Rich Rodriguez looks to deliver wins

It probably wouldn't take Michigan coach Rich Rodriguez very long to compile a list of the 10 worst things that have transpired during his first two seasons coaching the Wolverines.

"A top 10 list of bad things?" Rodriguez asked, during this month's Big Ten Kickoff in Chicago. "If I thought about it, I probably could do it. But why put yourself in a bad mood?"

Rodriguez hasn't experienced many happy moments since he bolted West Virginia, his alma mater, for Michigan after the 2007 regular season.

With an 8-16 record in his first two seasons with the Wolverines, Rodriguez heads into the 2010 season under more pressure than perhaps any other coach in the country.

"There's probably been a few more challenges than I thought there would be, but it's our job to get through them," Rodriguez said. The Wolverines open the season against Connecticut at Michigan Stadium on Sept. 4.

With apologies to David Letterman, here are some events that might be included in a potential Rich Rod's top 10 list of bad moments:

• After Rodriguez was named Michigan's coach on Dec. 17, 2007, West Virginia sued him for $4 million for breaching his contract there. The sides eventually settled, with Michigan agreeing to pay $2.5 million and Rodriguez paying $1.5 million.

• The Wolverines went 3-9 in Rodriguez's first season in 2008, the worst record in school history. Michigan didn't play in a bowl game, ending the school's 33-year streak of playing in the postseason, the longest such streak in college football at the time.

• Michigan finished the 2009 season with a 5-7 record, including a 1-7 mark against Big Ten foes. After starting the season with a 4-0 record, the Wolverines lost seven of their last eight games. Michigan suffered 25-point defeats in consecutive weeks, losing 35-10 to Penn State at home and 38-13 at Illinois.

• Under Rodriguez, the Wolverines are 0-2 against rival Ohio State, losing 42-7 in 2008 and 21-10 in '09. Rodriguez has a 1-5 record against Michigan's three biggest rivals: Michigan State, Notre Dame and Ohio State.

• In August 2009, Rodriguez and his business partners were sued for $3.9 million for defaulting on a real-estate loan for a condominium development near Virginia Tech's Lane Stadium. Rodriguez's lawyers argued he was the victim of a Ponzi scheme.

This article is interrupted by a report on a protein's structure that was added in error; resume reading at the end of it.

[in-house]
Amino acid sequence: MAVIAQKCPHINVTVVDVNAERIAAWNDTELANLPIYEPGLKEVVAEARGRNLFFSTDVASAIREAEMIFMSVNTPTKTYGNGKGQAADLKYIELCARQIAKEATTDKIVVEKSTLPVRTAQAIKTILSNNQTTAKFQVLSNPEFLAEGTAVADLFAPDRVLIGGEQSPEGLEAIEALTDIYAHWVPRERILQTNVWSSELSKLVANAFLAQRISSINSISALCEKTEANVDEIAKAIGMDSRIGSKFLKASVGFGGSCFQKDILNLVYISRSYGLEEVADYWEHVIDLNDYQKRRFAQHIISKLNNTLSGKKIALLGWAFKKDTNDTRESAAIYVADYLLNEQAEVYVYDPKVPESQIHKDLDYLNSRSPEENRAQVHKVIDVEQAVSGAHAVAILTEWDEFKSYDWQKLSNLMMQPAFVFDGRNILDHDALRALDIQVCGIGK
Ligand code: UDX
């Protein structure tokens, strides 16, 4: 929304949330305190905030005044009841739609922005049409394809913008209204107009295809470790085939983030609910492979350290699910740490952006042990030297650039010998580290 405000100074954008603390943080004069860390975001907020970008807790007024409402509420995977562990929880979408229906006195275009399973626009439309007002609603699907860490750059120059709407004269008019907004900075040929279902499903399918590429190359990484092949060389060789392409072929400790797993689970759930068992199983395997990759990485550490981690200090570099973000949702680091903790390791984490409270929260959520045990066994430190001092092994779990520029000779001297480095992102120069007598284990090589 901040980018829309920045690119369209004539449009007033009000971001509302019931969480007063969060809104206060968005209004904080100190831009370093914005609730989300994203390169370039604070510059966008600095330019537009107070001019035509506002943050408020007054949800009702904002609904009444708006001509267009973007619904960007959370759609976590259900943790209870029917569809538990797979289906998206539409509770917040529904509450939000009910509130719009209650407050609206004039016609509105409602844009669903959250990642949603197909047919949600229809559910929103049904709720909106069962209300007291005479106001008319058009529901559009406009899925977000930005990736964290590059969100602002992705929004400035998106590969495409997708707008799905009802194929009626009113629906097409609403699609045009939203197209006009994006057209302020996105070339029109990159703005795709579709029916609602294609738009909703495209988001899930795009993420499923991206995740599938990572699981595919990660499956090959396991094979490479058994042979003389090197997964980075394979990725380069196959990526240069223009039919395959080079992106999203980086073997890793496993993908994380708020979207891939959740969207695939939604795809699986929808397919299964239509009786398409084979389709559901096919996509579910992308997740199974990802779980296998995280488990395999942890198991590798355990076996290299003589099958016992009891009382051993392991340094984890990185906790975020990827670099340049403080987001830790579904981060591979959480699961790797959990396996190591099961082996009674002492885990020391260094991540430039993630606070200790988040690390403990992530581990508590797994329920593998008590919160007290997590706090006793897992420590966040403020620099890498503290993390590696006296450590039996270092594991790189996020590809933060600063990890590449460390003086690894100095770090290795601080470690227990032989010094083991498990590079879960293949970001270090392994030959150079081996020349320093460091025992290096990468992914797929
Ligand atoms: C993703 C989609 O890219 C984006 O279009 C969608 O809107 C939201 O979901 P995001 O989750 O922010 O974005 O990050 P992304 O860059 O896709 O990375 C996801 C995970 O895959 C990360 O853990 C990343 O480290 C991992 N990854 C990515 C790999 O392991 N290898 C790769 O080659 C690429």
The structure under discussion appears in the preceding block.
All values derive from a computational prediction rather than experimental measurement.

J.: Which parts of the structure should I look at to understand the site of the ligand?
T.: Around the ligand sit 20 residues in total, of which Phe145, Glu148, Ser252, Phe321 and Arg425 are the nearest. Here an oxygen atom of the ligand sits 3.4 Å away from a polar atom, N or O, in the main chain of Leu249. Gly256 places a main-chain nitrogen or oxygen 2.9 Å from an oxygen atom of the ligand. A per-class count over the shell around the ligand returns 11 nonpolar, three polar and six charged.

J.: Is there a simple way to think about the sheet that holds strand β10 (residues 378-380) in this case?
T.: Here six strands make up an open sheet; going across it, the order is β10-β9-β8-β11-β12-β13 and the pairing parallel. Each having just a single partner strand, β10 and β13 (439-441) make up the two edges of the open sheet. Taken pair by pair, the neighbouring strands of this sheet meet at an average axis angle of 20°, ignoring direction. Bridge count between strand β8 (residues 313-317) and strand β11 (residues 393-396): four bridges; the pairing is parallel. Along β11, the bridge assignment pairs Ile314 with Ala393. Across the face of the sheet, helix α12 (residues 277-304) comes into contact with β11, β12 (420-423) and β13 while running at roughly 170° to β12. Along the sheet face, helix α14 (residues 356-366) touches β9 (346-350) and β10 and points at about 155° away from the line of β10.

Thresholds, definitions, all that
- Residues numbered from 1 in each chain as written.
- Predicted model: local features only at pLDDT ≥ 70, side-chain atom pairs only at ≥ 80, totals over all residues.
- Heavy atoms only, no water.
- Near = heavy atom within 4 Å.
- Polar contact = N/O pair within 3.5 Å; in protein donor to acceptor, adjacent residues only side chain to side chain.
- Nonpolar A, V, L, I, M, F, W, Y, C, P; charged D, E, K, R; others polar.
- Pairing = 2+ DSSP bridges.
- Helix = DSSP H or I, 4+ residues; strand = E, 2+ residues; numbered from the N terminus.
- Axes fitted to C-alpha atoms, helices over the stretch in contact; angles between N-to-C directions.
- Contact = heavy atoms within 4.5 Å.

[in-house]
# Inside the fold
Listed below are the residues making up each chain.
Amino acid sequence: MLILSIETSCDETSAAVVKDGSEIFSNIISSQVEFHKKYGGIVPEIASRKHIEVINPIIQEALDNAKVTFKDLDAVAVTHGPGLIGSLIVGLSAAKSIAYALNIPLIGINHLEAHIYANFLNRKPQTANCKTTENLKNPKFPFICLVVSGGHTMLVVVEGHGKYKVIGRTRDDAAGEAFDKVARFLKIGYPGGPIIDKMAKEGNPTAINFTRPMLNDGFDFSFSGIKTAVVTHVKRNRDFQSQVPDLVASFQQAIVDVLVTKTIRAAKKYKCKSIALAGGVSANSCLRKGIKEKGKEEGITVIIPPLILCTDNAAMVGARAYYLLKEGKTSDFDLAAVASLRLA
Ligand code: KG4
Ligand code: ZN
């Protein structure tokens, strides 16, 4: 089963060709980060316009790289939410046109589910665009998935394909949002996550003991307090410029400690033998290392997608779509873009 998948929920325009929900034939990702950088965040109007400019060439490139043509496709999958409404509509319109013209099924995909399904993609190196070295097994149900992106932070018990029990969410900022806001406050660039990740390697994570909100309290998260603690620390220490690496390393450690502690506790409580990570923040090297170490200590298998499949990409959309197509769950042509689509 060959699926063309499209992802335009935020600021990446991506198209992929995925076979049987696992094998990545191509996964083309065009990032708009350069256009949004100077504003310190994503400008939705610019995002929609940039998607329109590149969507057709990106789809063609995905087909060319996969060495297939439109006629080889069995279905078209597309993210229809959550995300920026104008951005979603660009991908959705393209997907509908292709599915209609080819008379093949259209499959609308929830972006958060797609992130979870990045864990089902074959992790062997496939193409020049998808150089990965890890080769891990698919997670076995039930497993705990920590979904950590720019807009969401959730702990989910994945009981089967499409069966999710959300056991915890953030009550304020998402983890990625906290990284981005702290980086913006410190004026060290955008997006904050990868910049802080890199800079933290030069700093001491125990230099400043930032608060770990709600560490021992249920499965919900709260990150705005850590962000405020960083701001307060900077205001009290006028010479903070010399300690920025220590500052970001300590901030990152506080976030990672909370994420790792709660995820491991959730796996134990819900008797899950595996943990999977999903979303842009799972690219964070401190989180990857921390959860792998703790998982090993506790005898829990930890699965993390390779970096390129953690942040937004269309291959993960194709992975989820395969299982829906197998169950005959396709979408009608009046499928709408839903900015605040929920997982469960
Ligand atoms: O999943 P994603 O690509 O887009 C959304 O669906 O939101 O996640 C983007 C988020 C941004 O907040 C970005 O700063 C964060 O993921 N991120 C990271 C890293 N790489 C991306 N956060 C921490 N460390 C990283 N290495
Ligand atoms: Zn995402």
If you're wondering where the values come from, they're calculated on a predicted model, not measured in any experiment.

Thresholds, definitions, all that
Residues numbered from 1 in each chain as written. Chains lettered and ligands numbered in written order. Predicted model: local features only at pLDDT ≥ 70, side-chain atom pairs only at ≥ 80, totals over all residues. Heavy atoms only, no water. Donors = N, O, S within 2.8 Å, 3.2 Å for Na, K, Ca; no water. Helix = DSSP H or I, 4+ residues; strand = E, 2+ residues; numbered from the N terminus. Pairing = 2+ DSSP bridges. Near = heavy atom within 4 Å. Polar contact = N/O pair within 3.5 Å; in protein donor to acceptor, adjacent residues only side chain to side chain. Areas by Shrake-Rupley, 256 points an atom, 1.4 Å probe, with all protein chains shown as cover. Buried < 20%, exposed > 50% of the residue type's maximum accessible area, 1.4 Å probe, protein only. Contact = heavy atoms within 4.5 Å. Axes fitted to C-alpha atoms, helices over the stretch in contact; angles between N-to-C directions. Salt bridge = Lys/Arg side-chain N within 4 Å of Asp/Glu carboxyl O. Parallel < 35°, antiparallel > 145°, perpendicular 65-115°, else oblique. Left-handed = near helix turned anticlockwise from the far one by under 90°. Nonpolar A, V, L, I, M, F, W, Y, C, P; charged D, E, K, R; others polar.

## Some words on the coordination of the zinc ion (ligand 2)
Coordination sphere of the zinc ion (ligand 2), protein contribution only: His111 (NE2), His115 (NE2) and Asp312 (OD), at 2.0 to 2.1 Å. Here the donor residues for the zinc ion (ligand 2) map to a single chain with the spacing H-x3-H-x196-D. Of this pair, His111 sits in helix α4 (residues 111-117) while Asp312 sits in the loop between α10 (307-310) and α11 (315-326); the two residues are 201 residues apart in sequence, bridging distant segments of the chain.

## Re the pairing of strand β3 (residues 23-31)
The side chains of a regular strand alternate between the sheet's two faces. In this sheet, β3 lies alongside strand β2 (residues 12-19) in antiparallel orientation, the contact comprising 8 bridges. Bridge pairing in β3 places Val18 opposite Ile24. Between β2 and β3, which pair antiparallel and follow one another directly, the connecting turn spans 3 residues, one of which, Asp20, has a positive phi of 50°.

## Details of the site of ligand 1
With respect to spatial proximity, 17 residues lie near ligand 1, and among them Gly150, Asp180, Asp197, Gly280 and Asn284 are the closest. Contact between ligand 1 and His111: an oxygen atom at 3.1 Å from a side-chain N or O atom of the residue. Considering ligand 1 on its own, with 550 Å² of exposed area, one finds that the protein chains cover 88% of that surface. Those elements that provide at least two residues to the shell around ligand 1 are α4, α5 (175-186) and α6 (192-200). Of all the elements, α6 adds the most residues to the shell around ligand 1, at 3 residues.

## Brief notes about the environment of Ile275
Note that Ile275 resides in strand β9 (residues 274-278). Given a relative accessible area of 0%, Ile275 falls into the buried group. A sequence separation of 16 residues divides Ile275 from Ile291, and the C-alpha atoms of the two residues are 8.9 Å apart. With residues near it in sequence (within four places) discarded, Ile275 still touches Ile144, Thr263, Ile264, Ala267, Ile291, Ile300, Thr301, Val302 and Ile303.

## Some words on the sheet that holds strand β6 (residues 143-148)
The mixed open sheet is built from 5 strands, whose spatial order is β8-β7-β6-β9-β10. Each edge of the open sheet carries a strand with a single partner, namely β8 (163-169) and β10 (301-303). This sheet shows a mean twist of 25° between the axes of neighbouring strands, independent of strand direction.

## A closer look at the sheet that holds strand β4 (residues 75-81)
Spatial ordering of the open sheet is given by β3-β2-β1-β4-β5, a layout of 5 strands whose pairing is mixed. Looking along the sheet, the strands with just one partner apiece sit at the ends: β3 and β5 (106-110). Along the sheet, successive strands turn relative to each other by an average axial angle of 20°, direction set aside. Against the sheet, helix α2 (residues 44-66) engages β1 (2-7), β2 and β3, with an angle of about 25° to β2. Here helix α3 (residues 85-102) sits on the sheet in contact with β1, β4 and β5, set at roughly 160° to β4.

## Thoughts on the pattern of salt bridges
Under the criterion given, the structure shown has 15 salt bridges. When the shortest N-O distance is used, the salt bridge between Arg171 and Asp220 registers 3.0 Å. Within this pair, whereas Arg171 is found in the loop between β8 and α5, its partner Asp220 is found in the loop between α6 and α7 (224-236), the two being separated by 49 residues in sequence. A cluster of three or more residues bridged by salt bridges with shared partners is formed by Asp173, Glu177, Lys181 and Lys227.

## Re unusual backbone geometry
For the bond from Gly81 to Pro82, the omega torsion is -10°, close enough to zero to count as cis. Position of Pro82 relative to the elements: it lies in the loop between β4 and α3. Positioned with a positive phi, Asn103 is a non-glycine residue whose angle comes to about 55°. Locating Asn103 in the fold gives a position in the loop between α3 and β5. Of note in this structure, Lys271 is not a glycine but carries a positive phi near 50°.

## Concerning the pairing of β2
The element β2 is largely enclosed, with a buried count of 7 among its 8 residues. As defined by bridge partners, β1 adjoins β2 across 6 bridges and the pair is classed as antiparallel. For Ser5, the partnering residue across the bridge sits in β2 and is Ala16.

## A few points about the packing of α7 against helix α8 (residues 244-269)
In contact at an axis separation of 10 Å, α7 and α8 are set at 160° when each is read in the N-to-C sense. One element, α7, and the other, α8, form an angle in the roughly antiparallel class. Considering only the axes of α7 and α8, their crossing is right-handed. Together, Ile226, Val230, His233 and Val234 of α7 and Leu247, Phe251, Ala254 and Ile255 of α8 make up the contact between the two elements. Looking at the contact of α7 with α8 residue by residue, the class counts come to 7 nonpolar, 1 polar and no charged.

• In May, Michigan announced it was self-imposing a two-year probation for alleged rules violations committed under Rodriguez's watch. The NCAA accused the Wolverines of five major rules violations, most of which accused Rodriguez and his staff of failing to comply with practice time requirements.

• Earlier this month, West Virginia announced it also has been accused of five major NCAA rules violations, which were allegedly committed from 2005 to '09. The alleged violations concerned practice time and the number of coaches providing instruction under Rodriguez and current coach Bill Stewart.

Take me home, country roads? Not quite.

West Virginia is hardly the place Rodriguez belongs now, after he was ostracized by many in his home state for leaving for Michigan.

And the upcoming season might determine whether or not Michigan is the right place for him, too. Rodriguez's spread offense was considered a radical change for the Wolverines, who were best known for their rugged running games and defenses under former coaches Bo Schembechler and Lloyd Carr.

Despite the hardship, Rodriguez said he doesn't regret leaving West Virginia for Michigan. During his seven-year tenure with the Mountaineers, Rodriguez guided his alma mater to five consecutive New Year's Day bowl games, including a 38-35 upset of Georgia in the 2006 Sugar Bowl.